If an event pays out 100% then they lose money, plain and simple... where the rest comes from is up to the organizer. Beer tent, host organization, festival or sponsors.

Jeff_in_KC
08-17-2011, 09:51 PM
Because I am primarily a cook, when I operate as a contest organizer, I try my best to get it right! Besides all of the things that make a contest cooker friendly that we do, my philosophy of prize pool is this: I am not there to make ANY money off the cooks entry fees! Stan and I as organizers don't make a dime for ourselves off the contest. Our prize pool is exactly what's paid in in entry fees less only KCBS fees. The cost of putting on a contest is a significant amount of change! To cover that, we get sponsorships. We look for ways around paying full price for anything. Because we are supporting a non-profit charity organization, we often get services like reduced cost port-o-crappers and free trash dumpster and removal. You just have to be creative. And when it comes to getting sponsors, I just think that contests that take entry fees to pay expenses are being lazy. Plain and simple. It takes work to go out and get sponsors. I admit Stan is much better at the techniques than I am but we get it done and don't dip into what should be (and is at our event) the prize purse.

Entry fees = Prize pool (less KCBS fees)

Contest expenses = sponsorship money

Money raised for charity = cash brought in from people's choice and raffles and other things we do at our event.

We find this to be a winning method and would encourage all organizers to look at something similar. Everyone gets paid and the teams get what they deserve. :thumb:

Jeff_in_KC
08-17-2011, 09:58 PM
Getting meaningful sponsorship money is VERY hard to do, ask any organizer. It is really easy to say "Go get sponsors", but when you actually have to get people to give you money it is a huge challenge. Super organizers who get approached to run a nation wide series obviously have a hand up with a built in prize pool. I guarentee the sponsor of the event you are talking about was not happy with the team turn out and thus the total funds they had to outlay.

If an event pays out 100% then they lose money, plain and simple... where the rest comes from is up to the organizer. Beer tent, host organization, festival or sponsors.

I don't agree with you - we pay out 100% and don't lose a bit. Sponsorships can be had. What many organizers don't realize is that every little bit helps. It's much easier to get 25 local businesses to give you $100 than it is to find one business to give you $2,500. We don't scoff and ANY amount we are offered. Approach the Chamber of Commerce - speak in their meetings and explain what you're doing and get results! And with our creative "bartering" so to speak, our contest expenses are WAY cheaper than what many are. We don't need much in the way of generators due to wiring at the fairgrounds but we do get a couple and a few spider boxes from a rental company. For what? $50 and a catered BBQ lunch for the company of a dozen employees.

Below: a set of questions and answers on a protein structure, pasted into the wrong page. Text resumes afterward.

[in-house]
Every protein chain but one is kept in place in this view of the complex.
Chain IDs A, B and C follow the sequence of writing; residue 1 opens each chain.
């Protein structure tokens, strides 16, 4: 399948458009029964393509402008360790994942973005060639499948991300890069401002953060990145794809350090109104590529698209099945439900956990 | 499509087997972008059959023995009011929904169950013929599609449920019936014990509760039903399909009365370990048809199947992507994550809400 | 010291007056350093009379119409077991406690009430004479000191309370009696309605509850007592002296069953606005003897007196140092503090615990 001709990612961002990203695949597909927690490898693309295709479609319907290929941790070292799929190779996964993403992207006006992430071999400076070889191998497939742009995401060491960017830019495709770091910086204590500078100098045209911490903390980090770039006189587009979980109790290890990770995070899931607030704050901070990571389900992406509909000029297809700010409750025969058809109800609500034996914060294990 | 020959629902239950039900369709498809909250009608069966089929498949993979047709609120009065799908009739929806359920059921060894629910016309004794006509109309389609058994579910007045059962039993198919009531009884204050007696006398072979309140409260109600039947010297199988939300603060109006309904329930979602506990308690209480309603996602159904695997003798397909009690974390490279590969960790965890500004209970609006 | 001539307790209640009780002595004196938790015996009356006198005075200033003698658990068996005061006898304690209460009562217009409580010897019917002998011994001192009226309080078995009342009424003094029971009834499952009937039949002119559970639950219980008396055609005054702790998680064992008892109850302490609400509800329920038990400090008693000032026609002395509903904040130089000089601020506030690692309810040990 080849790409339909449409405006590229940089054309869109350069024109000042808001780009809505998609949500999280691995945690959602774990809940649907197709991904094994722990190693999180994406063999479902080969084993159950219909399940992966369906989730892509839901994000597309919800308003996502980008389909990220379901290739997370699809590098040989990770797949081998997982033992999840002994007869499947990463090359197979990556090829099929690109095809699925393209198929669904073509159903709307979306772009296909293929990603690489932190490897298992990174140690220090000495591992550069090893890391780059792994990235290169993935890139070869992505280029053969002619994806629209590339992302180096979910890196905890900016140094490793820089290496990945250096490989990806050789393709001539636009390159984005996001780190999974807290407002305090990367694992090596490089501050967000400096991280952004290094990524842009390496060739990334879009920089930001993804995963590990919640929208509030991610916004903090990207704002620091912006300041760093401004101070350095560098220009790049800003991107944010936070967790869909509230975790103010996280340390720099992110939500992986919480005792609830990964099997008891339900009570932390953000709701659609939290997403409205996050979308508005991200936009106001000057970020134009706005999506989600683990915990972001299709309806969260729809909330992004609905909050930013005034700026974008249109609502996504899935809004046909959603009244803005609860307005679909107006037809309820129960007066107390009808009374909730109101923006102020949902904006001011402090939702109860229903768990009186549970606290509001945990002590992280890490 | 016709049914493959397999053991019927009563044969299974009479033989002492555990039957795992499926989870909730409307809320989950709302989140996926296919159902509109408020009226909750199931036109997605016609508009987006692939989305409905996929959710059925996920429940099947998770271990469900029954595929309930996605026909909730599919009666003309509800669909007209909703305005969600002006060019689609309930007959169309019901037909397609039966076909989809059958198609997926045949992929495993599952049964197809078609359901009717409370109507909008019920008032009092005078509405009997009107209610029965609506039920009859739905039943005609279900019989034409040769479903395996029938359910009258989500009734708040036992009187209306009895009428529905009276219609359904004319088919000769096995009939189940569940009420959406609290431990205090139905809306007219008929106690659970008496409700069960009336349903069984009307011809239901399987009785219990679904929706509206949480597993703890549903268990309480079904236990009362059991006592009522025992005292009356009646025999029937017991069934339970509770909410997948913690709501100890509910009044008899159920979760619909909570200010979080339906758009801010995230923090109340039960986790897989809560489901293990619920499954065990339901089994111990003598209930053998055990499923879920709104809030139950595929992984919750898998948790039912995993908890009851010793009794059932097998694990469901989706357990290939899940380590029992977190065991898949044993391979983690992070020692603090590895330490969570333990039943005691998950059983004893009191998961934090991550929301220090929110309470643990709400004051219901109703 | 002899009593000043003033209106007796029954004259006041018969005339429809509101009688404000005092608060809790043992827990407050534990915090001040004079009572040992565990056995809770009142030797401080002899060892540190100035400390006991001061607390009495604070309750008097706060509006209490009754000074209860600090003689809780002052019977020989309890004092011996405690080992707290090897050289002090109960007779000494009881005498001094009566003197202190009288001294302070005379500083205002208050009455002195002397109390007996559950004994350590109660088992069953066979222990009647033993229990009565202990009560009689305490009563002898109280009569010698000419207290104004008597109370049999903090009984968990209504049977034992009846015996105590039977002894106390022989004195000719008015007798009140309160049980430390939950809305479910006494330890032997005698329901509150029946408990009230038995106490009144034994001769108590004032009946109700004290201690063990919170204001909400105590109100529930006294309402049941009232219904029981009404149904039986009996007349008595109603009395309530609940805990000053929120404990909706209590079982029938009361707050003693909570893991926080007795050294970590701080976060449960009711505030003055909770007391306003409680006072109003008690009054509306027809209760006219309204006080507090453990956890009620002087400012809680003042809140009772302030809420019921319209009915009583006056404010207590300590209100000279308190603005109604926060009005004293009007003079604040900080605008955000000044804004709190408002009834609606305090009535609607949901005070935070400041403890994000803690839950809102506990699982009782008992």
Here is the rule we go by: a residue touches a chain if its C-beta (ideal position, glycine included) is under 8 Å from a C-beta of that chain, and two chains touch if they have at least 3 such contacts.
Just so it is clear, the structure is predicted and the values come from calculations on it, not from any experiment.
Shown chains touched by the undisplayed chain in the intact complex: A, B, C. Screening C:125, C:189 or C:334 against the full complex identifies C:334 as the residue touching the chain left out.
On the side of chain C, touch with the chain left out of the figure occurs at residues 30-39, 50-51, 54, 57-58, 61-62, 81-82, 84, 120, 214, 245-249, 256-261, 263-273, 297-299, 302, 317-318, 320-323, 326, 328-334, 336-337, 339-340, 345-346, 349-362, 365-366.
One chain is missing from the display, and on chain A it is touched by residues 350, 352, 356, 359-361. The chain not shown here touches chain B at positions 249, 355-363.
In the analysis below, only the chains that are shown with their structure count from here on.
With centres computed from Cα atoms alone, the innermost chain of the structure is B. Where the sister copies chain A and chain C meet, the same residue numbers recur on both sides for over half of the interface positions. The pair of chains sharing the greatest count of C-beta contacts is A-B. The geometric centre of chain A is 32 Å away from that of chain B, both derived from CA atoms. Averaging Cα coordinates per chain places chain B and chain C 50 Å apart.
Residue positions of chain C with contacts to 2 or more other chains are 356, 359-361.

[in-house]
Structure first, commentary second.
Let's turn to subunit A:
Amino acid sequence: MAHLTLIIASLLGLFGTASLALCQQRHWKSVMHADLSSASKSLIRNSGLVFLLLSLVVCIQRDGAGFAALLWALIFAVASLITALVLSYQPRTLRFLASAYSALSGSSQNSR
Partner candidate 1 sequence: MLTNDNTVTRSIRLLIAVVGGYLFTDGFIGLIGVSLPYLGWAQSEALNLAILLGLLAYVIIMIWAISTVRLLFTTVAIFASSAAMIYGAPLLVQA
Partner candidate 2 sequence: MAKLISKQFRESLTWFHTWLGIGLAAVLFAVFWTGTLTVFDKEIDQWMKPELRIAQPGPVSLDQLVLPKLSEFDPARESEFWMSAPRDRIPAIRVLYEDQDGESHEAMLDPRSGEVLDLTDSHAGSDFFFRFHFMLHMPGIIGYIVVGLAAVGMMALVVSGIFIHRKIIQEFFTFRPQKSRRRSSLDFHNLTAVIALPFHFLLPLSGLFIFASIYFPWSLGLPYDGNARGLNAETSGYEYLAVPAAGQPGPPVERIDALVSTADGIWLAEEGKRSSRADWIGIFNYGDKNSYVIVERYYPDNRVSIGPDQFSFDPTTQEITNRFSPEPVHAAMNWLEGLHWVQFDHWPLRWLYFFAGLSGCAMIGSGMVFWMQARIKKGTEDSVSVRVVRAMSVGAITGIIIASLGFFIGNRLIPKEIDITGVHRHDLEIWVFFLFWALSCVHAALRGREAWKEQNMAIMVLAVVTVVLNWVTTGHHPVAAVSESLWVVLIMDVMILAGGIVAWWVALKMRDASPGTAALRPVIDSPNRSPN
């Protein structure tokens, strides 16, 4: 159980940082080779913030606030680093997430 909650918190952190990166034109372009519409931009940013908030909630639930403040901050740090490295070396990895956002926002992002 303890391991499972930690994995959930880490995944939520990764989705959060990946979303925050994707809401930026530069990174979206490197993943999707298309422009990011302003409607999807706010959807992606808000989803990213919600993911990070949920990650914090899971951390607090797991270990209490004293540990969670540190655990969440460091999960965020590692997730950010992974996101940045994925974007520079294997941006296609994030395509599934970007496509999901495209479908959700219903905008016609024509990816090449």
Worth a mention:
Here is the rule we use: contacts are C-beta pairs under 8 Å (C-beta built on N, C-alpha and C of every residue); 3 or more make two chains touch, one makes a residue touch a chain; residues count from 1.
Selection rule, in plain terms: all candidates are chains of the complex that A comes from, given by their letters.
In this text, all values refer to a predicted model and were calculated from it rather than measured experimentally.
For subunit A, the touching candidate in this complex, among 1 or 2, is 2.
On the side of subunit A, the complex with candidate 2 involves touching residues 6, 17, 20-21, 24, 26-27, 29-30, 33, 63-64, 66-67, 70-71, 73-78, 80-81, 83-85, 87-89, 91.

We have cooking classes and judging classes - maybe I need to put together an organizer class. :idea:

Rookie'48
08-17-2011, 10:12 PM
We have cooking classes and judging classes - maybe I need to put together an organizer class. :idea:

Jeff, if you could get hold of Ruth Miller from the Mason City comp that would be one hell of a class ..... Ruth, Stan and you :thumb:. Pleasant Hill & Mason City are about the two best organized comps that I've seen :clap2:.

Jeff_in_KC
08-17-2011, 10:23 PM
Hey Dave... Ruth and I both served on the panel at the organizer round table at the last KCBS banquet. Had a blast talking about organizing contests. I think Stan and I have a unique perspective in that we primarily compete. Because of this, we know what makes a great contest and that's what we strive to do in Pleasant Hill and that's why we've grown from 48 teams to 77 teams in four years! Thanks for the compliments my friend!

roksmith
08-18-2011, 05:20 AM
We have no problem paying out 100% plus some as the prize pool.
The problem occurs when fewer teams show up than expected.
You set your prize pool based on 40 teams and ya get 20, you are going to lose money.
Not to mention the power and such that has been arranged for more than you need leads to more money lost.
We are going to have to switch it up next year to a much lower starting prize pool with the understanding that it will increase if we get more teams. Kinda blows that we have to do that, but not a lot of choice. We don't mind breaking even, but I know few entities who can afford to run at a loss for long.

goodsmokebbq
08-18-2011, 08:20 AM